Investors also got another market milestone when the Nasdaq composite closed above the 4,000-point mark for the first time in 13 years.
The event follows two other round-number moments last week. The Standard & Poor's 500 index closed above 1,800 for the first time, and the Dow Jones industrial average finished above 16,000.
On Tuesday, homebuilder shares were among the top gainers in the broader stock market. They rose after the Commerce Department reported that approvals for housing permits rose in October at the fastest pace in five years. Those applications indicate that builders expect heightened demand.
Most of the growth in the report came from apartment permits, not homes, but investors felt the data was positive.
"It's going to translate into job creation once those permits turn into actual construction," said Quincy Krosby, market strategist with Prudential Financial.
Shares of PulteGroup, Toll Brothers and Lennar Corp. all rose 3 percent or more.
The Nasdaq closed up 23.18 points, or 0.6 percent, to 4,017.75. The last time the Nasdaq closed above the 4,000-point level was Sept. 6, 2000.
The other two major stock indexes inched higher. The Dow rose less than a point to 16,072.80. The S&P 500 index also rose less than a point, to 1,802.75.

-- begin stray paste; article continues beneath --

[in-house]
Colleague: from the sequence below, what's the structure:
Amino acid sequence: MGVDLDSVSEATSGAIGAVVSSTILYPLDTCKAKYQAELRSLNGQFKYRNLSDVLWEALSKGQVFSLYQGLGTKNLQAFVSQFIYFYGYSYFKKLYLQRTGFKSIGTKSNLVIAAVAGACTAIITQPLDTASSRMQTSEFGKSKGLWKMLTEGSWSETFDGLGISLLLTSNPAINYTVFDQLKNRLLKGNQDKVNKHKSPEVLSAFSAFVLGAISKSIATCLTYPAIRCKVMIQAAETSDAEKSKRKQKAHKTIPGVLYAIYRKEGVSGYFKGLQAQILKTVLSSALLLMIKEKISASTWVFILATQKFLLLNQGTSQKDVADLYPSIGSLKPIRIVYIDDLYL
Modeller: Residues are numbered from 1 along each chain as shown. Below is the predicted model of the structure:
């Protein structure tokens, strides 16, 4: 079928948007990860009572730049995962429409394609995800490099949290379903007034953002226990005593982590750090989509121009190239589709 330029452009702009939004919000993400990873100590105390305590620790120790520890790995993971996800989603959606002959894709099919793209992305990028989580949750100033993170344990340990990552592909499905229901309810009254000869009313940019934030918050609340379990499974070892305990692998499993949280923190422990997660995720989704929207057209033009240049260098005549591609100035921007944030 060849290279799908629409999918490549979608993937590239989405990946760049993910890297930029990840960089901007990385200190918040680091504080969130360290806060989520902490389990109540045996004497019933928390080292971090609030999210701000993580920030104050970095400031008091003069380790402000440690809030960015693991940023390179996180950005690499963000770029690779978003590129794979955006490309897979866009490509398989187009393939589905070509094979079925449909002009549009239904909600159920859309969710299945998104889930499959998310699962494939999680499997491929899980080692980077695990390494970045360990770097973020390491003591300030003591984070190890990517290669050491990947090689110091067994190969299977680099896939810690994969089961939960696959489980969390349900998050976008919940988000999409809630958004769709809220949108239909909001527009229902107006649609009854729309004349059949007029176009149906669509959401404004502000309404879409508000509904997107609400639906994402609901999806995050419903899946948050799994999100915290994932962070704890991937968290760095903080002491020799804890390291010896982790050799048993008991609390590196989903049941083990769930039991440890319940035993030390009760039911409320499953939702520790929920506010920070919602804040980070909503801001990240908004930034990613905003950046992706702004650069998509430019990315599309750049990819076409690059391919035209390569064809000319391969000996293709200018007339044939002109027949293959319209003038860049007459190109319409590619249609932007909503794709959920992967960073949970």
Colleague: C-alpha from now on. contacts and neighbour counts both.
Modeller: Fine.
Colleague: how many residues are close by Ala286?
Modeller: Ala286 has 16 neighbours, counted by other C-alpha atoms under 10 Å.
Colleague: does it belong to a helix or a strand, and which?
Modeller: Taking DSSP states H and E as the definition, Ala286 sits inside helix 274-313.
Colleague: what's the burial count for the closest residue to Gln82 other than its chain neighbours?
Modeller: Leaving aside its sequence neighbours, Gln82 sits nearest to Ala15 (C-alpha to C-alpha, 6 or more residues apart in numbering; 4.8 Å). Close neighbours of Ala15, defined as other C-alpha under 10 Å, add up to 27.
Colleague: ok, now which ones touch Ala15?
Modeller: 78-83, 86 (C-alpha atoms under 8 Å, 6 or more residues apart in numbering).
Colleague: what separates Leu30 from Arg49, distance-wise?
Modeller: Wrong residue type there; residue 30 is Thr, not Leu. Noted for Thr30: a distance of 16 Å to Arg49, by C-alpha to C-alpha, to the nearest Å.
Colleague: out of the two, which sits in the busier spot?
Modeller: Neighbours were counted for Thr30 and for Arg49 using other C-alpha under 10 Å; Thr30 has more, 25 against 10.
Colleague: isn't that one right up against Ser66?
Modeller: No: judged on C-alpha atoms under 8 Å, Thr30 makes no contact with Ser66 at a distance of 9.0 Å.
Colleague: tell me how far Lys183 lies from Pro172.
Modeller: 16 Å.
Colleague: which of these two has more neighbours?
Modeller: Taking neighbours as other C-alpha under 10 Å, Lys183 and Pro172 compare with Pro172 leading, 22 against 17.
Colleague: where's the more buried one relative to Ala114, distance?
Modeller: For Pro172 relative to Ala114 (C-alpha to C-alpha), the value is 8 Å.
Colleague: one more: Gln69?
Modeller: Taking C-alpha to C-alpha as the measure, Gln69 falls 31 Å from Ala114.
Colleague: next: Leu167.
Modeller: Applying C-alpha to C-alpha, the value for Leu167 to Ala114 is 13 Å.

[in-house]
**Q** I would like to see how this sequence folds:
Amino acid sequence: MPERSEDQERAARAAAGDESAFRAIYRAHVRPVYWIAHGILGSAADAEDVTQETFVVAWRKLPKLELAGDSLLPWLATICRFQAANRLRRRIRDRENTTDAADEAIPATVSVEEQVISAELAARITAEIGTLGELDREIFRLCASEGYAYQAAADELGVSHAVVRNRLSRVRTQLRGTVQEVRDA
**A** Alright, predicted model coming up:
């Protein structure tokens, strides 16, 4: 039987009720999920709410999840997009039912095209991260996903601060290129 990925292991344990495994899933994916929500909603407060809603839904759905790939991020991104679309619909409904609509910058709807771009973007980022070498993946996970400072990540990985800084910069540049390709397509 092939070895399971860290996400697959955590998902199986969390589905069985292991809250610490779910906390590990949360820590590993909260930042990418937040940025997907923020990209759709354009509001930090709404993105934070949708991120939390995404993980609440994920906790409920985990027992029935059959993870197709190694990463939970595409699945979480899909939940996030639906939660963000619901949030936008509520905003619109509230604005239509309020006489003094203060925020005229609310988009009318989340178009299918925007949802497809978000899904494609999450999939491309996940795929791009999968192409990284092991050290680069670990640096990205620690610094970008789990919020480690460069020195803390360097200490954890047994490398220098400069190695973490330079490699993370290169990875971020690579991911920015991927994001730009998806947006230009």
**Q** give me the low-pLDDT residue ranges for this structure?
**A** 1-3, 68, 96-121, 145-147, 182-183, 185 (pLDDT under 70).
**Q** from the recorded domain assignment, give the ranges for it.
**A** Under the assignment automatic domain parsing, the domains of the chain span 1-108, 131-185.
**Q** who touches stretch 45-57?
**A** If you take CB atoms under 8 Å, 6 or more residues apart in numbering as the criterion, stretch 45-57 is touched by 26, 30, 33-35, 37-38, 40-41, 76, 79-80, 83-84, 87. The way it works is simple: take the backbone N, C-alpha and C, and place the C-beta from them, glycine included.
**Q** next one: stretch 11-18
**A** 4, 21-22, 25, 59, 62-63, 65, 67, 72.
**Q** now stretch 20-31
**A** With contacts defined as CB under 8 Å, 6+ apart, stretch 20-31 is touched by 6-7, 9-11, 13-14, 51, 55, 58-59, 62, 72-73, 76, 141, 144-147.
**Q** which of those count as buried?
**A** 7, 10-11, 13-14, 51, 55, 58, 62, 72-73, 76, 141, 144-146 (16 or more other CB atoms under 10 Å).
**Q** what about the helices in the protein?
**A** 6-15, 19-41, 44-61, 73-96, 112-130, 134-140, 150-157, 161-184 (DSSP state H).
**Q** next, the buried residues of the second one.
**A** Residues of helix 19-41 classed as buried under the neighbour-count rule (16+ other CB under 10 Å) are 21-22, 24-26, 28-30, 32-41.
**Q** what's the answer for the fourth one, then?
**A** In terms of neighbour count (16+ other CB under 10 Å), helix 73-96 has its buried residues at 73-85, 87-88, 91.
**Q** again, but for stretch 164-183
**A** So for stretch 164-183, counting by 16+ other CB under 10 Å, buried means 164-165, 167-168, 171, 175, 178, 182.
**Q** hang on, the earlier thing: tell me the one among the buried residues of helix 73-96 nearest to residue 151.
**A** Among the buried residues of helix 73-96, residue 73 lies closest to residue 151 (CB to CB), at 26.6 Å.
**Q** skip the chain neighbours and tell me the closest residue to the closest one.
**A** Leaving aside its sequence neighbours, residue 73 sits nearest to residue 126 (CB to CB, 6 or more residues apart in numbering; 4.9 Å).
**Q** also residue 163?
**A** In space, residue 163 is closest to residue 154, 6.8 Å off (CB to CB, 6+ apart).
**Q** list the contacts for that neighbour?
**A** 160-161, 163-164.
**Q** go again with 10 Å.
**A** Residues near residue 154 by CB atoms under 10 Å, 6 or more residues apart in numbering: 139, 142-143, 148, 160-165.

Tiffany & Co. rose the most in the S&P 500 index. The jewelry chain jumped $7.03, or 9 percent, to $88.02, after it reported strong third-quarter earnings. The company also raised its full-year forecast.
Stock and bond markets are closed Thursday in observance of Thanksgiving. On Friday, the New York Stock Exchange and Nasdaq will close early.
Investors continue to pay close attention to any details from retailers, with the approach of Black Friday, the busy shopping day that follows Thanksgiving.
Due to the lateness of Thanksgiving, the holiday shopping season is a week shorter than usual and that could affect the amount of shopping people do. An increasing number of retailers are opening up on Thanksgiving to draw in customers.
Holiday shopping can account for as much as 40 percent of the retail industry's annual sales. The National Retail Federation, the nation's largest retail trade group, expects an increase of 3.9 percent to $602.1 billion in holiday sales this year
Already, many retailers have trimmed profit forecasts for the year, citing Americans' hesitation to spend a lot of money. Barnes & Noble shares fell 98 cents, or 6 percent, to $15.45 after the bookseller's fiscal second-quarter sales fell short of Wall Street expectations.
In other company news, men's clothing store Jos. A. Bank rose $5.69, or 11 percent, to $56.29 after rival Men's Wearhouse offered to buy the company for $1.5 billion. Men's Wearhouse rose $3.53, or 8 percent, to $50.60.
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